Funeral provision in the UK was significantly disrupted when Covid-19 infection control policies were enforced.
The restrictions constrained how and by whom deceased people could be cared for; how funeral directors and celebrants could communicate with bereaved families; and possibilities for gathering for funerals, mourning and memorialising activities.
The impact of the way people have been unable to properly grieve for their loved ones and even to be with them as they neared the end of their lives will have a long lasting effect.
Death rites and ceremonies can be important forms of care and respect, both for people who have died and for their families and friends, so the disruption has caused much distress. However, the restrictions have also prompted the development of new funeral practices, some of which have been welcomed. For example, some people have found it easier to take part in activities online.
Researchers at the University of Aberdeen are taking part in an interdisciplinary project which will bring together insights from anthropology, archaeology, health services research, philosophy, social policy and theology to analyse the diverse experiences of disruption, distress, adaptation and innovation in funeral provision associated with Covid-19.
The team will interview bereaved families and funeral service providers of different faiths and those of none. They will also analyse funeral artefacts, including online films, tribute pages, and written accounts.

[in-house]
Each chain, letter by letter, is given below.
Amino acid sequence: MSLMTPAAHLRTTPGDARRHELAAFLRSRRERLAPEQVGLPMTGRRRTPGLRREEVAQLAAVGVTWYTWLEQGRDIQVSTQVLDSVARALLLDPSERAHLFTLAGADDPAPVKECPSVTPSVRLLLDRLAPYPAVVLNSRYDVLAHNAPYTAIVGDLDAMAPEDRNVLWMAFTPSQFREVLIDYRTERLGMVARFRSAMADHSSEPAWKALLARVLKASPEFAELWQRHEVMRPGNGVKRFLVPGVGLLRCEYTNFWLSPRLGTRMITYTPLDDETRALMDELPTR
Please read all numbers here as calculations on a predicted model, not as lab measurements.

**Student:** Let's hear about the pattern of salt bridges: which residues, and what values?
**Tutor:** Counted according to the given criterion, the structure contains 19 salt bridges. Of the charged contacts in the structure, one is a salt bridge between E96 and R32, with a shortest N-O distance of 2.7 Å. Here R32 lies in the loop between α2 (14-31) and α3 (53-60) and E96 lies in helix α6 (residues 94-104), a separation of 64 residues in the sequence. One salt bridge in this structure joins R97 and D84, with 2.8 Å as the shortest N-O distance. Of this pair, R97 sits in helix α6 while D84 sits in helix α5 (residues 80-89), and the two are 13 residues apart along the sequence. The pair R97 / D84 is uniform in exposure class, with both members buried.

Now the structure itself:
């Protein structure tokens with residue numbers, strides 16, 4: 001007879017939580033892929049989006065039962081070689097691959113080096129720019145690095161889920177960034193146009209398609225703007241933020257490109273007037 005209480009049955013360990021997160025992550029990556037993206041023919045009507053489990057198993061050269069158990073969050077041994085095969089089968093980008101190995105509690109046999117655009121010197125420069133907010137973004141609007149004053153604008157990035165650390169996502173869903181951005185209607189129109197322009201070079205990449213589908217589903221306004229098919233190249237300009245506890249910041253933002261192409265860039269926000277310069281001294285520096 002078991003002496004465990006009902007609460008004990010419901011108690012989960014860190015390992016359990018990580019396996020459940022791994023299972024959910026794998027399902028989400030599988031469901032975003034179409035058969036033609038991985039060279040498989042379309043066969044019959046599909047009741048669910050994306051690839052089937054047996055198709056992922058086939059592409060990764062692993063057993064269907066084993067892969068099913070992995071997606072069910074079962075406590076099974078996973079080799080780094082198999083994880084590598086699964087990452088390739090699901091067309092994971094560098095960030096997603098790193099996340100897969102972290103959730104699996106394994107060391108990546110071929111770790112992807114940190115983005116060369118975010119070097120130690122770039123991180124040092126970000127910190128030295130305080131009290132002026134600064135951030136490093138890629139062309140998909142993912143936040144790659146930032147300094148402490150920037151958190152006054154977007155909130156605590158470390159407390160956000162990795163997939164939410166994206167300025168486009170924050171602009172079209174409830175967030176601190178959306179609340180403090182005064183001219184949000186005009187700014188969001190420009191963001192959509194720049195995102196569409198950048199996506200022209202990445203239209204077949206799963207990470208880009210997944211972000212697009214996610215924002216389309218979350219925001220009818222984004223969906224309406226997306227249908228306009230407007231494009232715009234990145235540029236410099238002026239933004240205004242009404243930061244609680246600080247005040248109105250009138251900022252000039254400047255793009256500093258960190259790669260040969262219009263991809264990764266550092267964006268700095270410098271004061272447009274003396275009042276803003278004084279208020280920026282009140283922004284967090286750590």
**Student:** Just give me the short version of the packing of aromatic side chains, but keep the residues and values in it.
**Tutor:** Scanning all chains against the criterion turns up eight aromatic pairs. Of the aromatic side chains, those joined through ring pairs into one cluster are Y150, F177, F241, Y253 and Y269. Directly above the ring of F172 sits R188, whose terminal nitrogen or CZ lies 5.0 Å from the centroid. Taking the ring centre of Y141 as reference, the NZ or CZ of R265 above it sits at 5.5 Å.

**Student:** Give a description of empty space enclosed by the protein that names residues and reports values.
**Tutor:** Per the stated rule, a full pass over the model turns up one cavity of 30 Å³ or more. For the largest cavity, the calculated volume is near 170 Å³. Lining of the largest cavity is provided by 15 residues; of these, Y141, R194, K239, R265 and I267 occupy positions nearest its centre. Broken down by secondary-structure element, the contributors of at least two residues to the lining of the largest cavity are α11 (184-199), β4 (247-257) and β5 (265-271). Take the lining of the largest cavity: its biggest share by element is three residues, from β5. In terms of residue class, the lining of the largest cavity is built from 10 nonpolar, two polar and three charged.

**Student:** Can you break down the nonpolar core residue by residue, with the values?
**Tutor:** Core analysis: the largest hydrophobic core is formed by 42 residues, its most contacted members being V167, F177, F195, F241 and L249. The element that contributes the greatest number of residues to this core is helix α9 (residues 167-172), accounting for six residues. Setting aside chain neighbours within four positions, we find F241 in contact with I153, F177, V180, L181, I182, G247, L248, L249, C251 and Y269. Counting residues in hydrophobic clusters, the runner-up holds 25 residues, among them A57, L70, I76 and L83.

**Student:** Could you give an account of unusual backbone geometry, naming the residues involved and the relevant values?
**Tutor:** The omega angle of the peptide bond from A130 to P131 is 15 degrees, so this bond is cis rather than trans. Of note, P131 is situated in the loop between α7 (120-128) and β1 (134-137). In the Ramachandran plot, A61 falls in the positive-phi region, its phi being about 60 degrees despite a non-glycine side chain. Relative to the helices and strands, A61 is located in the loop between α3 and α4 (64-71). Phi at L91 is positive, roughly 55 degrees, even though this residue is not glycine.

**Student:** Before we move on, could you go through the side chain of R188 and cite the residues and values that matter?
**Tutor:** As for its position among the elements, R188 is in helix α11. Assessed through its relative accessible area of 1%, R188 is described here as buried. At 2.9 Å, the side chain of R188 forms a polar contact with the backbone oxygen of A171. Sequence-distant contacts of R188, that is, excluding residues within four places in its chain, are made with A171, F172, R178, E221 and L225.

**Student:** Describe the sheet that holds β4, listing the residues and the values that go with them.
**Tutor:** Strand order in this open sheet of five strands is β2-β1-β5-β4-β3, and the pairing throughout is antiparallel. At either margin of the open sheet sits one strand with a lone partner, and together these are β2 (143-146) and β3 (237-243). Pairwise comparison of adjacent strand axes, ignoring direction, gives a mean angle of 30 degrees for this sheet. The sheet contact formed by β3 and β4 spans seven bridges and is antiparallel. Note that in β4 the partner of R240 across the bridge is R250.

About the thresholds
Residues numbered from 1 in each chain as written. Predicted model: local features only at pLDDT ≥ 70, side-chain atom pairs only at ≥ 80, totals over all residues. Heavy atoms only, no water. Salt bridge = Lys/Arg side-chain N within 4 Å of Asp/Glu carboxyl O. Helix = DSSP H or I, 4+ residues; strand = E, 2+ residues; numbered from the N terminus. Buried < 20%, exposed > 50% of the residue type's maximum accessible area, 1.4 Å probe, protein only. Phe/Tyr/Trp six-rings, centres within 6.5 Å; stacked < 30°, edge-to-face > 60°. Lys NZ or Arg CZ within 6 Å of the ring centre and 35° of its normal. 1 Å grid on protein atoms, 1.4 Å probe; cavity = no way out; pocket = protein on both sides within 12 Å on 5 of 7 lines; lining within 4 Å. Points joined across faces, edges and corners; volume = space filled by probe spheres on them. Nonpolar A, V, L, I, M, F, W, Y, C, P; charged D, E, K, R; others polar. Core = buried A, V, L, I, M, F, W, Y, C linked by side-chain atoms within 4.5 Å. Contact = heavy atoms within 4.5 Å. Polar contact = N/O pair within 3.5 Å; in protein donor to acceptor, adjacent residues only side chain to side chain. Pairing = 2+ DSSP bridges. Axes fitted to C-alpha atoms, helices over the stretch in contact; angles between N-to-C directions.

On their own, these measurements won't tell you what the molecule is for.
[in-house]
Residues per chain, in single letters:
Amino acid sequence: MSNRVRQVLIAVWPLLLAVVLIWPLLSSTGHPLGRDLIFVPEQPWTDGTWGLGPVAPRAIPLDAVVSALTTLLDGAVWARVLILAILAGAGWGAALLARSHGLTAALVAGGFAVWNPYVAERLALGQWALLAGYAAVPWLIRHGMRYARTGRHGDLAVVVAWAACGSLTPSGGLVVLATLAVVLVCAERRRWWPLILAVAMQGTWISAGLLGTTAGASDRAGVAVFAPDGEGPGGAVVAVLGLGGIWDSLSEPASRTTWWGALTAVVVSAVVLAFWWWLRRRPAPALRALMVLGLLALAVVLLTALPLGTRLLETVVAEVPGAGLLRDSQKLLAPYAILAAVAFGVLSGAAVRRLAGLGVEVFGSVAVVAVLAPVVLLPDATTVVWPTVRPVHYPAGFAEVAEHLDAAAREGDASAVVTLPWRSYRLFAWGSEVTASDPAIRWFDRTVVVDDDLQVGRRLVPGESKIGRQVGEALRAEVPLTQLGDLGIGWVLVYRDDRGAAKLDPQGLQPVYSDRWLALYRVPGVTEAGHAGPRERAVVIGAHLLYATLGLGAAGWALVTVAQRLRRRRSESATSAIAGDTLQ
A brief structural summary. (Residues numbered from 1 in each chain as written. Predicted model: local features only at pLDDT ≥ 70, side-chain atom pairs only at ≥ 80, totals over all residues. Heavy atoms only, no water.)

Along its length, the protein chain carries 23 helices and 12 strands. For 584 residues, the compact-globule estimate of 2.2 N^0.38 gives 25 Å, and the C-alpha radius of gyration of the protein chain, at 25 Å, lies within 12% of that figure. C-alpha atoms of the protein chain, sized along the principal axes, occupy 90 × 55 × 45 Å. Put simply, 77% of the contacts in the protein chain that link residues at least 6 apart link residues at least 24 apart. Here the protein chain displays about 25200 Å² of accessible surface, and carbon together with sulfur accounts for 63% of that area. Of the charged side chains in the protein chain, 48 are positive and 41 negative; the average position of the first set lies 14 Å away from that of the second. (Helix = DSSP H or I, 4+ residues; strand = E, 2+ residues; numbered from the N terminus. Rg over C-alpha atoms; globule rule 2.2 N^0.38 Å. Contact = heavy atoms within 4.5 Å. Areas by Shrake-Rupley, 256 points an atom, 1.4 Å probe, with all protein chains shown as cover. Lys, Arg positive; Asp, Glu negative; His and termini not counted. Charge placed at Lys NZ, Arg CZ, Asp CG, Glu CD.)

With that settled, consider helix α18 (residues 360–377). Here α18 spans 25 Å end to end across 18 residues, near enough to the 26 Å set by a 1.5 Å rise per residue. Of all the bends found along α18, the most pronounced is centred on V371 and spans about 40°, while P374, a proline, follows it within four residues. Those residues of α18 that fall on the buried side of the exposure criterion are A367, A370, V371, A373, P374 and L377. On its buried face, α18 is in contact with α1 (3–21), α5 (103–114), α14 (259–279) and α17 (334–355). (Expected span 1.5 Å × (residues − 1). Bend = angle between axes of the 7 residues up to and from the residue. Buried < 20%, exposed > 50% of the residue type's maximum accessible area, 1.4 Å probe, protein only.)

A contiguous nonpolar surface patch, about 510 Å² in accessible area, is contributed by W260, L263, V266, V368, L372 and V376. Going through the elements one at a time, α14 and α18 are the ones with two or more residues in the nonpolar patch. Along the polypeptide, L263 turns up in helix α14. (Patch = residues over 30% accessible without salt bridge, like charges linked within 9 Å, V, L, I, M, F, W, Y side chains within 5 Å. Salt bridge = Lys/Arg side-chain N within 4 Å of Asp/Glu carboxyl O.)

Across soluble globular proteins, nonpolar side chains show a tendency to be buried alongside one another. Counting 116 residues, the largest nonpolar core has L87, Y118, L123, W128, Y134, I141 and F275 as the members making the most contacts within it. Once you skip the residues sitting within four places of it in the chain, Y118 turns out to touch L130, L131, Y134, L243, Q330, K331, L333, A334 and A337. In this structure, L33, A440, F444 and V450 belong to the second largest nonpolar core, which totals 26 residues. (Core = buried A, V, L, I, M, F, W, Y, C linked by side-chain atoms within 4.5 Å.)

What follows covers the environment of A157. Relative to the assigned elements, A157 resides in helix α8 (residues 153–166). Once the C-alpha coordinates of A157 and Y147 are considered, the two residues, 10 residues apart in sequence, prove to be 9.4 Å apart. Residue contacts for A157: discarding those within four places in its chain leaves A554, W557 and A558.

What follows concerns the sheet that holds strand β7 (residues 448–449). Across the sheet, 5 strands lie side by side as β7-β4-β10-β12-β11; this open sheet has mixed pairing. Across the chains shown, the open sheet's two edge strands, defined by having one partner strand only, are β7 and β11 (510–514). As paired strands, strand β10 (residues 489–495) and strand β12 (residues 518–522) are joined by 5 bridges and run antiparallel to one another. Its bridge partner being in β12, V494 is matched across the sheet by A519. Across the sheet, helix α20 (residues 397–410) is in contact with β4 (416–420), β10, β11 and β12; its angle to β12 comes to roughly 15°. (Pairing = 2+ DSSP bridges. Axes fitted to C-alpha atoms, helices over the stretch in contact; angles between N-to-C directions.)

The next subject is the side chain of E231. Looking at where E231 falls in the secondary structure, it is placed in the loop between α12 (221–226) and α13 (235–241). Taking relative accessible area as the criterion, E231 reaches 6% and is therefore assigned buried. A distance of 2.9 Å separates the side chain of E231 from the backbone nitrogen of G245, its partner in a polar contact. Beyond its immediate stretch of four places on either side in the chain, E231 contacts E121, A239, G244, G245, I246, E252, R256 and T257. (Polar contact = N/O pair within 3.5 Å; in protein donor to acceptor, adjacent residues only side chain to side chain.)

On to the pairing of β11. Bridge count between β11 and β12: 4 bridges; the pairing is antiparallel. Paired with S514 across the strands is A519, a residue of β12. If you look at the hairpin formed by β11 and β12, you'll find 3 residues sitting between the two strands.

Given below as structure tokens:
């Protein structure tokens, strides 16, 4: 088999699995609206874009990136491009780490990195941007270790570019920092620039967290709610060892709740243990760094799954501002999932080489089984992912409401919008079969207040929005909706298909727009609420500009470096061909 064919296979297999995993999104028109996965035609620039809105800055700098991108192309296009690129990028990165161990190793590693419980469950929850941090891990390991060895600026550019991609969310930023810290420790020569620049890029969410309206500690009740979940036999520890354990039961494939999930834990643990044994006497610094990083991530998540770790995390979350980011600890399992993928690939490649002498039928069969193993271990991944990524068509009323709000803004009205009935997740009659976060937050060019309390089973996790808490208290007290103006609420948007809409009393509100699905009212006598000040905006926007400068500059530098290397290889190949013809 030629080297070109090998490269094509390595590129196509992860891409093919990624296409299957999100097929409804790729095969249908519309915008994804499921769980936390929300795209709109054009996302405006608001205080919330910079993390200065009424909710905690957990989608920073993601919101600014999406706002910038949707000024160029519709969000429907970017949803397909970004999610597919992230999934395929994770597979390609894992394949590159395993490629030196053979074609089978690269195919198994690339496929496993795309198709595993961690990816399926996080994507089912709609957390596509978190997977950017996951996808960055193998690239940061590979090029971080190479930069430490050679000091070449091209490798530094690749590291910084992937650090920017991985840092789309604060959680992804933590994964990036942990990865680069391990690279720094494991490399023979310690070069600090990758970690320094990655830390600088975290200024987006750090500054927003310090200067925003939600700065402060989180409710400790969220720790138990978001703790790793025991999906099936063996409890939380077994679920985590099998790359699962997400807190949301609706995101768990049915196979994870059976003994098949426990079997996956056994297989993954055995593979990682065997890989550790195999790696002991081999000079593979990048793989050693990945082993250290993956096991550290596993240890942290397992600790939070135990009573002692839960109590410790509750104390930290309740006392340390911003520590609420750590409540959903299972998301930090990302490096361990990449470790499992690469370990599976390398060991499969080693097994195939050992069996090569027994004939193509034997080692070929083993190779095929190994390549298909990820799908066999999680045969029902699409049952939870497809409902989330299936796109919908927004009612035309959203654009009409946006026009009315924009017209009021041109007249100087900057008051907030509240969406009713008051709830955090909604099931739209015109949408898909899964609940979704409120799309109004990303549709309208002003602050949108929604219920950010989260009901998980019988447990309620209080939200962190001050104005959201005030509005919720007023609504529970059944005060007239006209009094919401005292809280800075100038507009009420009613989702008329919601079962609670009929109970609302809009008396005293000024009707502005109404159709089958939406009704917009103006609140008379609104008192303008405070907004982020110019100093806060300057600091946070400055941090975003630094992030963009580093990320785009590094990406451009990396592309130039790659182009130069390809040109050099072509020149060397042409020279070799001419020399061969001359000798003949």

The study is funded by the Economic and Social Research Council, as part of UK Research and Innovation’s rapid response to Covid-19.
Study leader, Professor Vikki Entwistle Chair in Health Services Research and Philosophy at the University of Aberdeen, said:
“Many of us have been bereaved, or know someone who has been bereaved, during the pandemic. In some cases the restrictions have added stress and a sense of injustice to the experience of funerals.
“Funeral directors and celebrants, as well as bereaved families and friends, have experienced the disruption as challenging. Their work can be considered a form of care for people who have died, bereaved families, friends and communities – yet they have not been studied as professional groups to the same extent as those who are more typically considered part of health and social care services.
“By speaking to bereaved families and to funeral professionals, and by analysing how funerals have been conducted during the pandemic period, we hope to gather information on what matters most in funeral provision for different social and faith groups.
“This will help develop a better understanding of what makes a funeral ‘good’ and of the ethical implications of different policies and practices. This work will be valuable because, in contrast with considerable research into care provided towards the end of life, the practices and ethics of care after death are under-explored.
“We will use what we learn to help produce recommendations for future funeral care.”